In a bid to combat increased tensions following a few major incidents this year, and after years of advocacy by women’s rights groups, Morocco has just passed a law criminalizing violence against women and sexual harassment.
The new bill was certainly long awaited—according to a national government survey, almost 63 percent of women aged 18-65 in the Kingdom have experienced physical and sexual violence.
The new law—which was approved by the Moroccan House of Representatives on February 14and went into effect just last week—criminalises certain forms of domestic violence, and established forced marriage, sexual harassment and cyber harassment as crimes, imposing harsher penalties on perpetrators.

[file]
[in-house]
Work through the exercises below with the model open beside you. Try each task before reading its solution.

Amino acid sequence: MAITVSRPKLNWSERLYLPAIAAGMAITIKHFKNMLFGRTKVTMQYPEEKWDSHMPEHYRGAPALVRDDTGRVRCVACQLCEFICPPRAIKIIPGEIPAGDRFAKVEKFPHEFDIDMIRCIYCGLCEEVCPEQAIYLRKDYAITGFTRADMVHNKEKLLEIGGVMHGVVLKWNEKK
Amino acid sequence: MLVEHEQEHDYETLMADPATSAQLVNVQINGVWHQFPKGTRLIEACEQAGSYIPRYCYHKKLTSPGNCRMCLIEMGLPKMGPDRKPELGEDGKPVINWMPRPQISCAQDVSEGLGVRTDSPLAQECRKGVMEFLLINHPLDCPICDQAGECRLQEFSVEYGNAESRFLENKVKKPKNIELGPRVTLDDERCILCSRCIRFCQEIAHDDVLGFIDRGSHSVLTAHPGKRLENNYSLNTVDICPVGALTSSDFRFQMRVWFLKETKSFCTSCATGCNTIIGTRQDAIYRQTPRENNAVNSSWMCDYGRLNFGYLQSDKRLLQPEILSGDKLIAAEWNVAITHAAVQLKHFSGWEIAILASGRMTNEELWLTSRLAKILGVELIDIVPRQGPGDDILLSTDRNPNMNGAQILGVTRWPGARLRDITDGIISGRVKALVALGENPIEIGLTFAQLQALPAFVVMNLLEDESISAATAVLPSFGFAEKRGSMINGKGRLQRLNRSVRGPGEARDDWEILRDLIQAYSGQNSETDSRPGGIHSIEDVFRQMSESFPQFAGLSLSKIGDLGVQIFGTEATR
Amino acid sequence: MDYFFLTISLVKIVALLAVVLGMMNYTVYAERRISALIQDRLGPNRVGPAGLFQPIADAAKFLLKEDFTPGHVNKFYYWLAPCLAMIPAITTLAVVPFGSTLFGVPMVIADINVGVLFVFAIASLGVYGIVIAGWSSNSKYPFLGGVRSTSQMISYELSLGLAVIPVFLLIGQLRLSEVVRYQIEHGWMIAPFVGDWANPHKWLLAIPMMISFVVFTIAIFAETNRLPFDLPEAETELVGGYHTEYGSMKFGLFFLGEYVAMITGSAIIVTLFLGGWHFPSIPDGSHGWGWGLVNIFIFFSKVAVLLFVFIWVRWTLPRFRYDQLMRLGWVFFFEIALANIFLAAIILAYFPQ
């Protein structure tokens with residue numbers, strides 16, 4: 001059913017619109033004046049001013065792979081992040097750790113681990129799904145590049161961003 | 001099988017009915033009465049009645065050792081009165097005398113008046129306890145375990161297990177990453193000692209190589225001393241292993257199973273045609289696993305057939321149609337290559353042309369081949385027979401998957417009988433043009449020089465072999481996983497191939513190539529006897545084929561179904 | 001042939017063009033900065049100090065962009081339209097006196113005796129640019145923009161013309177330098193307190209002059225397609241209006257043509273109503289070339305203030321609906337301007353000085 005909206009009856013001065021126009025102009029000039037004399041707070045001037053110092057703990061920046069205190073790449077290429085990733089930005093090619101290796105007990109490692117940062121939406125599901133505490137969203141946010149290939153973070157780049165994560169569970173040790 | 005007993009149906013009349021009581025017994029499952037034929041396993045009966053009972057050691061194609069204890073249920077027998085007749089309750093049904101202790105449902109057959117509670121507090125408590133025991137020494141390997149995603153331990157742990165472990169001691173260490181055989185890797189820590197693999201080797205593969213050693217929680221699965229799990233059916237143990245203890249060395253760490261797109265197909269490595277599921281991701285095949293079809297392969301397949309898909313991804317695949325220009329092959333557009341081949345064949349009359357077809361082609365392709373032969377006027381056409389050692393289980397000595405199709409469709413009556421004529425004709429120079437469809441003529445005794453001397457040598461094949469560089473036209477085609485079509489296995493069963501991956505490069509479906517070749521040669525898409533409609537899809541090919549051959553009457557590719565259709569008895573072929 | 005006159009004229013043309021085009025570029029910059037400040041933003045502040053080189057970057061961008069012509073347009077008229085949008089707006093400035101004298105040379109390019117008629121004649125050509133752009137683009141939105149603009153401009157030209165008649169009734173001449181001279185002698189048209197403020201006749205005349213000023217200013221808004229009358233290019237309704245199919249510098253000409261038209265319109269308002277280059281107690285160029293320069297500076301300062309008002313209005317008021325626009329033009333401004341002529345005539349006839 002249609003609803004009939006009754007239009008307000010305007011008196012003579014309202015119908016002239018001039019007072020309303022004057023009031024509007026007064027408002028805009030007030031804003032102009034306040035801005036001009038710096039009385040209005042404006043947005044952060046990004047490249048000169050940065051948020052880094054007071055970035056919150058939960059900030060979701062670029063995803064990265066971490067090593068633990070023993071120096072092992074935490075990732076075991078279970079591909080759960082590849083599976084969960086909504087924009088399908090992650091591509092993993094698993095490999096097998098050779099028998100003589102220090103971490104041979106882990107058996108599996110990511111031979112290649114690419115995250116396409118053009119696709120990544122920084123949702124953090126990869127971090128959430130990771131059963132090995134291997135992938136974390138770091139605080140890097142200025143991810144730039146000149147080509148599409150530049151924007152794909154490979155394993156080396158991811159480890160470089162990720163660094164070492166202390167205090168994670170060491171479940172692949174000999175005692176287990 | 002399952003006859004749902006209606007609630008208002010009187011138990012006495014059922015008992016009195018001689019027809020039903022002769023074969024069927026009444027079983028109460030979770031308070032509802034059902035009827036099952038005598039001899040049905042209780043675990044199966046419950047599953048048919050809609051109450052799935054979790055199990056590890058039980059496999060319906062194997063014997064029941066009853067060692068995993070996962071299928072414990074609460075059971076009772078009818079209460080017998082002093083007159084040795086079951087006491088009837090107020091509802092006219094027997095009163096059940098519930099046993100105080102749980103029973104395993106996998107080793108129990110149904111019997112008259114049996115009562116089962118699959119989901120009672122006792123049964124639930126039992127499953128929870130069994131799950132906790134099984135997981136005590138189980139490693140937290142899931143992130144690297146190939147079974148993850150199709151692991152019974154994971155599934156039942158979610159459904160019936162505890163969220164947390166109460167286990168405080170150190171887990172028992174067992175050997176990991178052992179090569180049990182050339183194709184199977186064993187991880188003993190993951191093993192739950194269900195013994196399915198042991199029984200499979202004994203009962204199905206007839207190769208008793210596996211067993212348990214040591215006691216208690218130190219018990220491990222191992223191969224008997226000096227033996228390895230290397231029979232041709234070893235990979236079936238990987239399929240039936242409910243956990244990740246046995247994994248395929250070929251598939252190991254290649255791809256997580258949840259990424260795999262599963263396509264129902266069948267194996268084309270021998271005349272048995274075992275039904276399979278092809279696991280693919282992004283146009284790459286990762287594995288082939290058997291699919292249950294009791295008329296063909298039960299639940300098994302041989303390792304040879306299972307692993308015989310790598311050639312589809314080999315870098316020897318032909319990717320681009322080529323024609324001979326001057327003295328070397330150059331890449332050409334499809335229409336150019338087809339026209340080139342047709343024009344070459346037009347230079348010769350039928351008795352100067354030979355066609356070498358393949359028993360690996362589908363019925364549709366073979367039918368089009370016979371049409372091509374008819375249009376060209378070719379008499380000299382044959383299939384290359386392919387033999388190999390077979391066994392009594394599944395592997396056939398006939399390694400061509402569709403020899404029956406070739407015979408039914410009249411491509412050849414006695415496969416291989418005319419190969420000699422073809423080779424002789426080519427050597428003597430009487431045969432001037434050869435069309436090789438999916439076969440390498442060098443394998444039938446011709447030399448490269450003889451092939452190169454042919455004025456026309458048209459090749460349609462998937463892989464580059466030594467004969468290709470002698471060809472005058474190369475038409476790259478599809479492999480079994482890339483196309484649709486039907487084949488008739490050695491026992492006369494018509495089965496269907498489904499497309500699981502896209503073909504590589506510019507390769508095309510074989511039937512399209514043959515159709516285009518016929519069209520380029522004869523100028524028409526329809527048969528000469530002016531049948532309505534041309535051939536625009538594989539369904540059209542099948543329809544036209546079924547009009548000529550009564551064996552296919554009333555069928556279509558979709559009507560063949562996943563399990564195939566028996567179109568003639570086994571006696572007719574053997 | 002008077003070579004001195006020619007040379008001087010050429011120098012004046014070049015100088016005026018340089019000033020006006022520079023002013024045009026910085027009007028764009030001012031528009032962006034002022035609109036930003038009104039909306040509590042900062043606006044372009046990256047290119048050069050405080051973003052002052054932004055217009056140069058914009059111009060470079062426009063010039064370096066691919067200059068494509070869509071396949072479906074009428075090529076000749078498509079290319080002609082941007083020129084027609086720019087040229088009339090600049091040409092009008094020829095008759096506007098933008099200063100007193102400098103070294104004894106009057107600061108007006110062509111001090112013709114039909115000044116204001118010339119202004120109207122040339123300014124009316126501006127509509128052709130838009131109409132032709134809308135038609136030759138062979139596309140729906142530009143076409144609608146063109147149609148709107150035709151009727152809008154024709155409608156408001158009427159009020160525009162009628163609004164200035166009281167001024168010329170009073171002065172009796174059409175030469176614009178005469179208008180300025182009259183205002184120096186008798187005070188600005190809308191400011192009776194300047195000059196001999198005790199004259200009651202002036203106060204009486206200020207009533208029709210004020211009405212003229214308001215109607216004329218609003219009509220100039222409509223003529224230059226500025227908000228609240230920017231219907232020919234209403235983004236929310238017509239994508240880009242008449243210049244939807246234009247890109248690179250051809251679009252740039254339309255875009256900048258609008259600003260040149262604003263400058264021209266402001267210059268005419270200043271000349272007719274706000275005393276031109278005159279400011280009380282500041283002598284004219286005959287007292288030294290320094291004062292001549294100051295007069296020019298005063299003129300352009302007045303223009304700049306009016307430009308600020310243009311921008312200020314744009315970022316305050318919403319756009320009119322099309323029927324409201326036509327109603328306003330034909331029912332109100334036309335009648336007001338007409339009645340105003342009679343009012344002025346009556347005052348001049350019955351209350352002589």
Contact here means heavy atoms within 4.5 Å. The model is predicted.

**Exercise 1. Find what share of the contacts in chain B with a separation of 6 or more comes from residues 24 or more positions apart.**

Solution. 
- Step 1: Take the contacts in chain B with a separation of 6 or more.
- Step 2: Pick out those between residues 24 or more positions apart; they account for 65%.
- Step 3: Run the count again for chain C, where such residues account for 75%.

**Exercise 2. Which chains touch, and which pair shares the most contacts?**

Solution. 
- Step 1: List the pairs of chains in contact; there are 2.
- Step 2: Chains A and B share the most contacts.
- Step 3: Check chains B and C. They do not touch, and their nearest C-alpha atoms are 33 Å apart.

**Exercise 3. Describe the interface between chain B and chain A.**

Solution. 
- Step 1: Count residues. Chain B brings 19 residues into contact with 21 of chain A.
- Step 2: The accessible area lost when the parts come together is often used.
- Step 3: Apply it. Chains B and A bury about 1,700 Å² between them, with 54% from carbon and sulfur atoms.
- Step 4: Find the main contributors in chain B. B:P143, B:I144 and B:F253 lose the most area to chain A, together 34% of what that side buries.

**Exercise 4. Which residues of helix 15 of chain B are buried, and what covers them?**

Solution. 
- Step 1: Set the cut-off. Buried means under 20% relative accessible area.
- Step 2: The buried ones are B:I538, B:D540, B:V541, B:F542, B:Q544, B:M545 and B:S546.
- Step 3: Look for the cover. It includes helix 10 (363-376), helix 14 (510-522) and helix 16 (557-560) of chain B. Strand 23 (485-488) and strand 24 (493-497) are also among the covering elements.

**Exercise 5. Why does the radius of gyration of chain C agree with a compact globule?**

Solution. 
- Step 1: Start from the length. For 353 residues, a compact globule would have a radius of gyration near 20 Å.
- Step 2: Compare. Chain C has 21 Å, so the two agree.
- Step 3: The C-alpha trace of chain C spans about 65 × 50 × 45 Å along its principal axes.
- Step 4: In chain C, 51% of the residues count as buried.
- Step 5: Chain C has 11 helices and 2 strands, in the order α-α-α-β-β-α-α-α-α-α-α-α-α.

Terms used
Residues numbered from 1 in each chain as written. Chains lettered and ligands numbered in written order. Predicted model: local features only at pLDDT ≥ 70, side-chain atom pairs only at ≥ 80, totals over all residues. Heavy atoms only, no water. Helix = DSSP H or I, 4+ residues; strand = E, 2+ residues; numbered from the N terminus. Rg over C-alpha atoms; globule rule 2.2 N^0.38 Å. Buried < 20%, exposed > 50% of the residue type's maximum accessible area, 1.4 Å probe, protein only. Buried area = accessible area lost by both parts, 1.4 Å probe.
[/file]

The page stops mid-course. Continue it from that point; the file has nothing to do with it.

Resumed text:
The law, known as Hakkaoui law, which was named after Women’s Minister Bassima Hakkaoui who first drafted in 2013, also includes preventative measures with programs set to be put in place to increase awareness.
While the new measures are a considerable victory for Moroccan women, the law has been criticized by Human Rights Watch for using vague language when defining domestic violence and failing to address certain issues, in particular martial rape.